Virginia Memory, Library of Virginia
THIS PAGE HAS BEEN FORMATTED FOR EASY PRINTING

Union or Secession
  • "A capital fortification"
On July 14, 1861, a man from Mecklenburg Country reported to his local newspaper on the condition of a local company on duty at Jamestown Island.
« Return to Civil War Begins

"A capital fortification"

Unsigned letter to the editor, dated at Clarksville on July 14, 1861, and printed in the Clarksville Tobacco Plant, July 19, 1861.

A man from the southern county of Mecklenburg reported to his local newspaper in mid-July 1861 on the condition of a local company on duty at Jamestown Island. "Messrs. Lincoln, Seward, Scott & Co. have undertaken a bad job, and had as well give it up," he wrote, referring to United States President Abraham Lincoln, Secretary of State William H. Seward, and General Winfield Scott. "They can neither subdue, subjugate, kill or starve us out. We were born free and will never wear the yoke of tyranny and oppression of such base and contemptible men as control the affairs of the Federal government at Washington. All we ask is to be let alone, and he that undertakes to interfere with us, will do it at his peril."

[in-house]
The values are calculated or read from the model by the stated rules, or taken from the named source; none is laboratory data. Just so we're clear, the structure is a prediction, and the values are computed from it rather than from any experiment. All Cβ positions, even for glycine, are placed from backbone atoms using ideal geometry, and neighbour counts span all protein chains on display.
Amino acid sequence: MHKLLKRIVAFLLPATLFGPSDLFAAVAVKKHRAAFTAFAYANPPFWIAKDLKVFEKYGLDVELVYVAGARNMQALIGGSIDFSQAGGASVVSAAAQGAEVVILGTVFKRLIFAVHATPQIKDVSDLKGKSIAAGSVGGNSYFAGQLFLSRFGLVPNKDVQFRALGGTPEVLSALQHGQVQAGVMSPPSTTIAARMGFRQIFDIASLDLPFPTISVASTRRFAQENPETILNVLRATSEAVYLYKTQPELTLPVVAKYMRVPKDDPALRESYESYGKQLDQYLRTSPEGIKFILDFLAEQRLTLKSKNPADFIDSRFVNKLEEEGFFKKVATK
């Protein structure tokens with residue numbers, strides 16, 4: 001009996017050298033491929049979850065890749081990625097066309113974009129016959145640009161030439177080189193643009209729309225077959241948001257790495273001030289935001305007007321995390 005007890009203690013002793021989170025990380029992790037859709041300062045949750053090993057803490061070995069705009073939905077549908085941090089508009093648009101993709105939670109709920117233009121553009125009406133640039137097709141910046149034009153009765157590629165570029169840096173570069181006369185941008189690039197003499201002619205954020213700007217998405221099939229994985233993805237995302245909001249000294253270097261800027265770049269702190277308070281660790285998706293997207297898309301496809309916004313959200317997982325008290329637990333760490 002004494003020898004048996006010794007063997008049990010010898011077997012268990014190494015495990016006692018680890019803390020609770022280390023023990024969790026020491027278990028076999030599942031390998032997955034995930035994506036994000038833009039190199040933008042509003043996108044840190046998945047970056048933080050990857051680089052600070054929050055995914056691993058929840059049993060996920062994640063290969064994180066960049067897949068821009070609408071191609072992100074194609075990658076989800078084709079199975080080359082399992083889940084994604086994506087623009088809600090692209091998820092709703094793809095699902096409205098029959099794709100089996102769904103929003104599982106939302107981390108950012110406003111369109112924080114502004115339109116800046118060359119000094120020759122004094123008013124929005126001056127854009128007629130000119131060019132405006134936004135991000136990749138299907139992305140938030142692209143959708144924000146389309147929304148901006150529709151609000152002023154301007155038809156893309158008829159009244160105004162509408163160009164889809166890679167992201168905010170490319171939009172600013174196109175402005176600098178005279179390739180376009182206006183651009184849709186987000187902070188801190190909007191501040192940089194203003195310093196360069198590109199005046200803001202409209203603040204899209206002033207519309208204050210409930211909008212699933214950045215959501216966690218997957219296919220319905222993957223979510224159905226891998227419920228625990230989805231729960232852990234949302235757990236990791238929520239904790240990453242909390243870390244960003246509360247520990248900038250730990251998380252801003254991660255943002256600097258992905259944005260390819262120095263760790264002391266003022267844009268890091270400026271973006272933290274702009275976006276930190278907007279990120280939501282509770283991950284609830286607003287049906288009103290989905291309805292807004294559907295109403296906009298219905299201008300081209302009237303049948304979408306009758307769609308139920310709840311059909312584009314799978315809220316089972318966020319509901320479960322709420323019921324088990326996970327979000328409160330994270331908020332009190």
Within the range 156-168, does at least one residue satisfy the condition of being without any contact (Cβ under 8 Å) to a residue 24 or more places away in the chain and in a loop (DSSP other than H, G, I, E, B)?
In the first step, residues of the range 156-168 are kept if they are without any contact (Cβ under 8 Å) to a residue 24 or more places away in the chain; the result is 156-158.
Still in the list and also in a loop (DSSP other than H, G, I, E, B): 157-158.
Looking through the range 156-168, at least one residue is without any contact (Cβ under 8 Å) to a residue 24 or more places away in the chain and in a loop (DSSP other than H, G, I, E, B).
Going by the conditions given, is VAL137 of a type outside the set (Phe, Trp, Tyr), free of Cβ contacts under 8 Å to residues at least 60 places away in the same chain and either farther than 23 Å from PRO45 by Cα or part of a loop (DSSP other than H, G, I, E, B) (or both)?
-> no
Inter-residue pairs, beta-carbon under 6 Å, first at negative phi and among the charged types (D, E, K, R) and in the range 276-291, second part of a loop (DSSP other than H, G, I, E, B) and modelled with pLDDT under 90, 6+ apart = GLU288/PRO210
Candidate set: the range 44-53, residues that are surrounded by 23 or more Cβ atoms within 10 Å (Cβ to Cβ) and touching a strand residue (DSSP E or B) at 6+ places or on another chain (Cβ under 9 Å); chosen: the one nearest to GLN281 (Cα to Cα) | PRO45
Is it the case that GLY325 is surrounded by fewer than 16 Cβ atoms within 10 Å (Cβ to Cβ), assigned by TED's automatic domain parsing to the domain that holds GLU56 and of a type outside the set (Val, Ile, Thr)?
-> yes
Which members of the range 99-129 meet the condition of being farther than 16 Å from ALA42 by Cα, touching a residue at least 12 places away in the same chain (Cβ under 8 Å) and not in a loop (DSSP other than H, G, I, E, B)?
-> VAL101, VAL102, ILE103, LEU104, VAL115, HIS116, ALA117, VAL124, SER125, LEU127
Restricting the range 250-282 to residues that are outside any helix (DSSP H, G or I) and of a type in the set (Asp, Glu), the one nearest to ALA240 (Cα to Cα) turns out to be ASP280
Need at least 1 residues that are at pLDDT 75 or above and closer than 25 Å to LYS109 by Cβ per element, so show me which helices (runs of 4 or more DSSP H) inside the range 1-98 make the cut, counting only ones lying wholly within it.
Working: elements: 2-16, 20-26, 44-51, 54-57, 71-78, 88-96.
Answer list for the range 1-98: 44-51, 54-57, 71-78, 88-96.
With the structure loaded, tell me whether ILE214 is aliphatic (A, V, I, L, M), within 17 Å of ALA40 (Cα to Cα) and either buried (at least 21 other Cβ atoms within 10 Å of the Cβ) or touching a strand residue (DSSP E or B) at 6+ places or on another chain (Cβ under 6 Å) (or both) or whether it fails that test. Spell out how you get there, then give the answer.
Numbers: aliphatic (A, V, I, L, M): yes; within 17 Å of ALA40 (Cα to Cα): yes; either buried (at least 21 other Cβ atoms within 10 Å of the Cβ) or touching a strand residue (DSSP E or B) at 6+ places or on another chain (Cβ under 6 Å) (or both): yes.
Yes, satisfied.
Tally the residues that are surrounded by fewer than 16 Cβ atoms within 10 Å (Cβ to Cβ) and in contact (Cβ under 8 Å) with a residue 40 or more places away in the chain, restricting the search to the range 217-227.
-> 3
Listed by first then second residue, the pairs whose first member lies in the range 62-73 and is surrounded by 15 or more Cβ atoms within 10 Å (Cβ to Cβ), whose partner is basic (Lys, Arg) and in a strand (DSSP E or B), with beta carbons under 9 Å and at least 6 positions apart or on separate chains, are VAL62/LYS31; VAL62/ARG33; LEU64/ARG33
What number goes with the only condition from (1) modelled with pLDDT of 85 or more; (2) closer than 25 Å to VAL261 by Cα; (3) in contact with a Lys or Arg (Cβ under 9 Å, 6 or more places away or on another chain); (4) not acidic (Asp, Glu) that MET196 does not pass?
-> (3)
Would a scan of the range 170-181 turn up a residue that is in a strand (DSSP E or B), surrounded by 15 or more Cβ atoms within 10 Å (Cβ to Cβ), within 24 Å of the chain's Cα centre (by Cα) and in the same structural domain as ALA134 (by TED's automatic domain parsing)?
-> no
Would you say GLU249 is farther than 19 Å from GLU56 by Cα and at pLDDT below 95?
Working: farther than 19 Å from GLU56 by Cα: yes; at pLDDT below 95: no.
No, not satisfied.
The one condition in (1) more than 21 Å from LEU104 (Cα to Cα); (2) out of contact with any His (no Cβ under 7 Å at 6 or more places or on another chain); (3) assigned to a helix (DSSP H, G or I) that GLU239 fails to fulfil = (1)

Unsigned letter to the editor, dated at Clarksville on July 14, 1861, and printed in the Clarksville Tobacco Plant, July 19, 1861.